Four times a carefully placed pointy elbow into the ribs jolted me from my sleep. “Second hand snoring” is dangerous apparently; sharing a bed with a snorer can lead to higher levels of fatigue and even be a risk for hearing loss (Beninati et al., 1999; Sardesai et al., 2003). But I’m only an occasional snorer so surely a gentle nudge to encourage me off my back is all that was required. What’s the point in two of us being awake? The ferociousness of the assaults was denied yet I had the bruises to prove it. But there was no apology. My attacker didn’t know I had hard evidence – I had the DATA courtesy of my new posh purchase – the “Microsoft band 2”. I was violently woken at 1.33am, 2.41am 3.45am, and finally 6.30ish……… how selfish! My threats to leave the marital bed had no effect; it may have even been welcomed!
Technological advancement can prove useful; it provided concrete confirmation of my battering. We live in a world of comfort; modern equipment has given us the services we need to live a sedentary life. We work with our fingertips and relax with Netflix. Smart phones and tablets are the modern soother, used to comfort, entertain and pacify unruly toddlers.
While Sony expect that more than 30 million play station four consoles will be sold by the end of 2015! Unfortunately sedentary behaviour is associated with adverse health issues and the development of chronic diseases including musculoskeletal disorders and back pain (Chen et al., 2009; Costigan et al., 2013). The normal human state – to walk around the world as we work, socialise, and play is progressively more unfamiliar to us. Prescribing increased activity levels as medicine is not only effective in treating musculoskeletal disorders, it has a role in treating psychiatric, neurological, metabolic, cardiovascular, pulmonary diseases and even cancer (Pedersen & Saltin, 2015). Exercise in adults can lead to a significant reduction in the occurrence of musculoskeletal pain and is associated with greater health related quality of life (Stovitz & Johnson, 2006). Even during episodes of lower back pain, advice to “take it easy” is less effective than guidance to stay active(Hagen et al., 2010). So, rather than focus on the detrimental impact of personal technologies, why not use it to provoke increased activity and exercise!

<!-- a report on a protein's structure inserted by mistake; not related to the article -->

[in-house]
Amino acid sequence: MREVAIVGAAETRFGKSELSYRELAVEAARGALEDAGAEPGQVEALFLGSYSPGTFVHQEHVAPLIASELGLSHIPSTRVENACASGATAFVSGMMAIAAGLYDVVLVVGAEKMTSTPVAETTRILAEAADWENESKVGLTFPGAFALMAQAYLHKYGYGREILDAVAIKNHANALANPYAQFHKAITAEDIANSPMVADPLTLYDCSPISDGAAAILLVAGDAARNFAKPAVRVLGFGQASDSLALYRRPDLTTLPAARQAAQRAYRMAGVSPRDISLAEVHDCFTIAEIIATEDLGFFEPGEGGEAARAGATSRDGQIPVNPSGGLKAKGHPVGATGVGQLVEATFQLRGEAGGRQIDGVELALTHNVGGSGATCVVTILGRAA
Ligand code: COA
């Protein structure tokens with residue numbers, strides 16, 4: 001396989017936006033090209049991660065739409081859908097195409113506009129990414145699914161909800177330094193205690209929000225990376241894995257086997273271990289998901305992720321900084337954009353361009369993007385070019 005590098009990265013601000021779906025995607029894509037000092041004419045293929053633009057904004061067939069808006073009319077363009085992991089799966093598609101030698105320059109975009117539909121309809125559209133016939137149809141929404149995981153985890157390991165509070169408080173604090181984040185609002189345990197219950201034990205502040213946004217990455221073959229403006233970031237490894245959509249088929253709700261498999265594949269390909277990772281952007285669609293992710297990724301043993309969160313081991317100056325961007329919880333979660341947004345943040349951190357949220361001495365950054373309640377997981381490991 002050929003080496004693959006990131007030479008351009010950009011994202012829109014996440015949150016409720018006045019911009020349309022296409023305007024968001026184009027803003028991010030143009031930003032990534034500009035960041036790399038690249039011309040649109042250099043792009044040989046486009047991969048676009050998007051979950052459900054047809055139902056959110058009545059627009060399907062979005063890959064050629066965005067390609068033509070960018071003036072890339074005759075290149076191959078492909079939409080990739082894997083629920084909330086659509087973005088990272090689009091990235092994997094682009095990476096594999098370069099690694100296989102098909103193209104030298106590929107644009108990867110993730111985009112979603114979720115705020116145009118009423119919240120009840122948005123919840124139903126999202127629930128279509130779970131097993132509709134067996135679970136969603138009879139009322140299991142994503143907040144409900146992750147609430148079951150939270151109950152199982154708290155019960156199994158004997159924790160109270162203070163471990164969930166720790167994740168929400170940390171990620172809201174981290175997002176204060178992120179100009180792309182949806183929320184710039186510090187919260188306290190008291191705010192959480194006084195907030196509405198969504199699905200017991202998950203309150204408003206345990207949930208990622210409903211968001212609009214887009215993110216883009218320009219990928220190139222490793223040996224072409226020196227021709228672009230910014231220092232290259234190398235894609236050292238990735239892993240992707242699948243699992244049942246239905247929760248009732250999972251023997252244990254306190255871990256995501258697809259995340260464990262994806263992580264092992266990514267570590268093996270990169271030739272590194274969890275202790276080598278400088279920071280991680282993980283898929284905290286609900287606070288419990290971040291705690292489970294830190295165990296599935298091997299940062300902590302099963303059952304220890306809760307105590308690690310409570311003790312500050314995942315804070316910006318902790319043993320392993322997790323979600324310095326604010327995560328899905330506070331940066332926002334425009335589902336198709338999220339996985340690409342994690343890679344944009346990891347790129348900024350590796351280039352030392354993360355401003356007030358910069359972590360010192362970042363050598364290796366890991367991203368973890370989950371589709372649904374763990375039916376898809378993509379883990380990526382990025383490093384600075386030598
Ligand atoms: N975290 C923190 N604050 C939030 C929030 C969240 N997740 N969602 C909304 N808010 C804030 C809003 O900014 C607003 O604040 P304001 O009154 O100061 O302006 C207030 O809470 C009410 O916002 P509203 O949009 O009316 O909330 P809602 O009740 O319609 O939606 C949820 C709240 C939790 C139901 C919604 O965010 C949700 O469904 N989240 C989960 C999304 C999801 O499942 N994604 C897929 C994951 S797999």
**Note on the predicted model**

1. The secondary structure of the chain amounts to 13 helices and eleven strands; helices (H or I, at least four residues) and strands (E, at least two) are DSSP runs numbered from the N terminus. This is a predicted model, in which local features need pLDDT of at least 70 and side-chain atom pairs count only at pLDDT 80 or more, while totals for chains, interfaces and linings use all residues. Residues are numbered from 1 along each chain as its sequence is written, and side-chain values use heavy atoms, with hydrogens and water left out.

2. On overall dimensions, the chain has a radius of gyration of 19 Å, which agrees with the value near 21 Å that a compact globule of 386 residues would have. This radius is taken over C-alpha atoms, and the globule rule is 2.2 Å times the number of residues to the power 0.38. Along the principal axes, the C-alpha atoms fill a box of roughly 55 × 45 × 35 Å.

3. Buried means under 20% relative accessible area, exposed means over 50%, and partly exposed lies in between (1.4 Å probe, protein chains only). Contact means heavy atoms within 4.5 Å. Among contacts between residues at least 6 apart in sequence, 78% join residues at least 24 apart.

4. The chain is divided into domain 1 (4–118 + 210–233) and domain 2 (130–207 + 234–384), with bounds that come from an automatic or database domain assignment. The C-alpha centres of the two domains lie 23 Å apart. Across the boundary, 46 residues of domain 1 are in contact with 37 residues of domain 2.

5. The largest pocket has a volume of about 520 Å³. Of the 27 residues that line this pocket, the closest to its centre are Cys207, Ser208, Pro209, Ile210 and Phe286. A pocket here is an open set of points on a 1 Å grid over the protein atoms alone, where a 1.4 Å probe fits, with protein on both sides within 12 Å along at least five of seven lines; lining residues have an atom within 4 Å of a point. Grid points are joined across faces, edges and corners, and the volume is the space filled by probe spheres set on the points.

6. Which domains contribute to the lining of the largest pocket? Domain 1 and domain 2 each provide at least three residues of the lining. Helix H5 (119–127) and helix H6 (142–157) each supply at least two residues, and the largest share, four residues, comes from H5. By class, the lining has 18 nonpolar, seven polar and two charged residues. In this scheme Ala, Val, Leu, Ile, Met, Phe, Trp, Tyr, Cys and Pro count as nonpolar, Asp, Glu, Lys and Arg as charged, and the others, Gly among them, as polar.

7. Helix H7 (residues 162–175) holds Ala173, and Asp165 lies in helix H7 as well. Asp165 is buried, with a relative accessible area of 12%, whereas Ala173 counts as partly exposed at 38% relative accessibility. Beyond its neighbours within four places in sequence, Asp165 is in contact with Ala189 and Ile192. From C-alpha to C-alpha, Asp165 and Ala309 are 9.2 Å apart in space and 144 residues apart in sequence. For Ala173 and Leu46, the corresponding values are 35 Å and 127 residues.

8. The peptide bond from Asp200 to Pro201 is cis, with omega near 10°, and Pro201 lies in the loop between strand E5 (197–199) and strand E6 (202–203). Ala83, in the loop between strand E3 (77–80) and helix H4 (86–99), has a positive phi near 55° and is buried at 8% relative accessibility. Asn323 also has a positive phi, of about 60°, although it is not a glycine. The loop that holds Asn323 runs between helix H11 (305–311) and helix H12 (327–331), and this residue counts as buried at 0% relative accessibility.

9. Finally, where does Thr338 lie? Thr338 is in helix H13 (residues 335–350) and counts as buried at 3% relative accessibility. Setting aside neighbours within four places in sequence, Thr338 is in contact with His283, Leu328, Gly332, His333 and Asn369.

Technology is now wearable. The Microsoft band 2 allows sleep quality, the number steps taken and calories burned to be measured. It is capable of tracking heart rate, daily activity levels and exercise; it can even be used as a GPS running watch. It makes these measurements available at a glance and Microsoft claim that wearing one means “it’s easier to live healthier and achieve more”. The Microsoft band 2 is by no means the only option. Bands produced by Jawbone, Fitbit and Nike, to name only a sample, accurately collect and sync data to your computer or phone (Dontje et al., 2015; Ferguson et al., 2015). But do these bands really change behaviour, increase activity levels and reduce the risk of health problems…… Yes they do (Lyons et al., 2014) ….. But How?
Observing behaviour changes behaviour – known as the “Hawthorne Effect”. Band wearers increase their activity levels due to the fact it’s being measured (McCambridge et al., 2014). It has been suggested that social support and comparison (facebook boasting) facilitated by the fitness bands may be one of the behavioural change techniques responsible (Lyons et al., 2014). But let’s be honest, it’s like wearing your conscience on your wrist. It brings the guilt of “not being active” into the now rather than postponing it, and turning it into a promise. Reaching for the remote, the band sneaks out from under the sleeve and asks – could you do more? Have you hit your recommended step count for today? Have you earned the calories to eat the fruit and nut? So the obsession with technology often blamed for making us lazy, unhealthy and obese may have the potential to cure us, but only if we can tolerate having our conscience on our wrist. It has even developed a cure for the “occasional snorer” – earplugs (Robertson et al., 2006)
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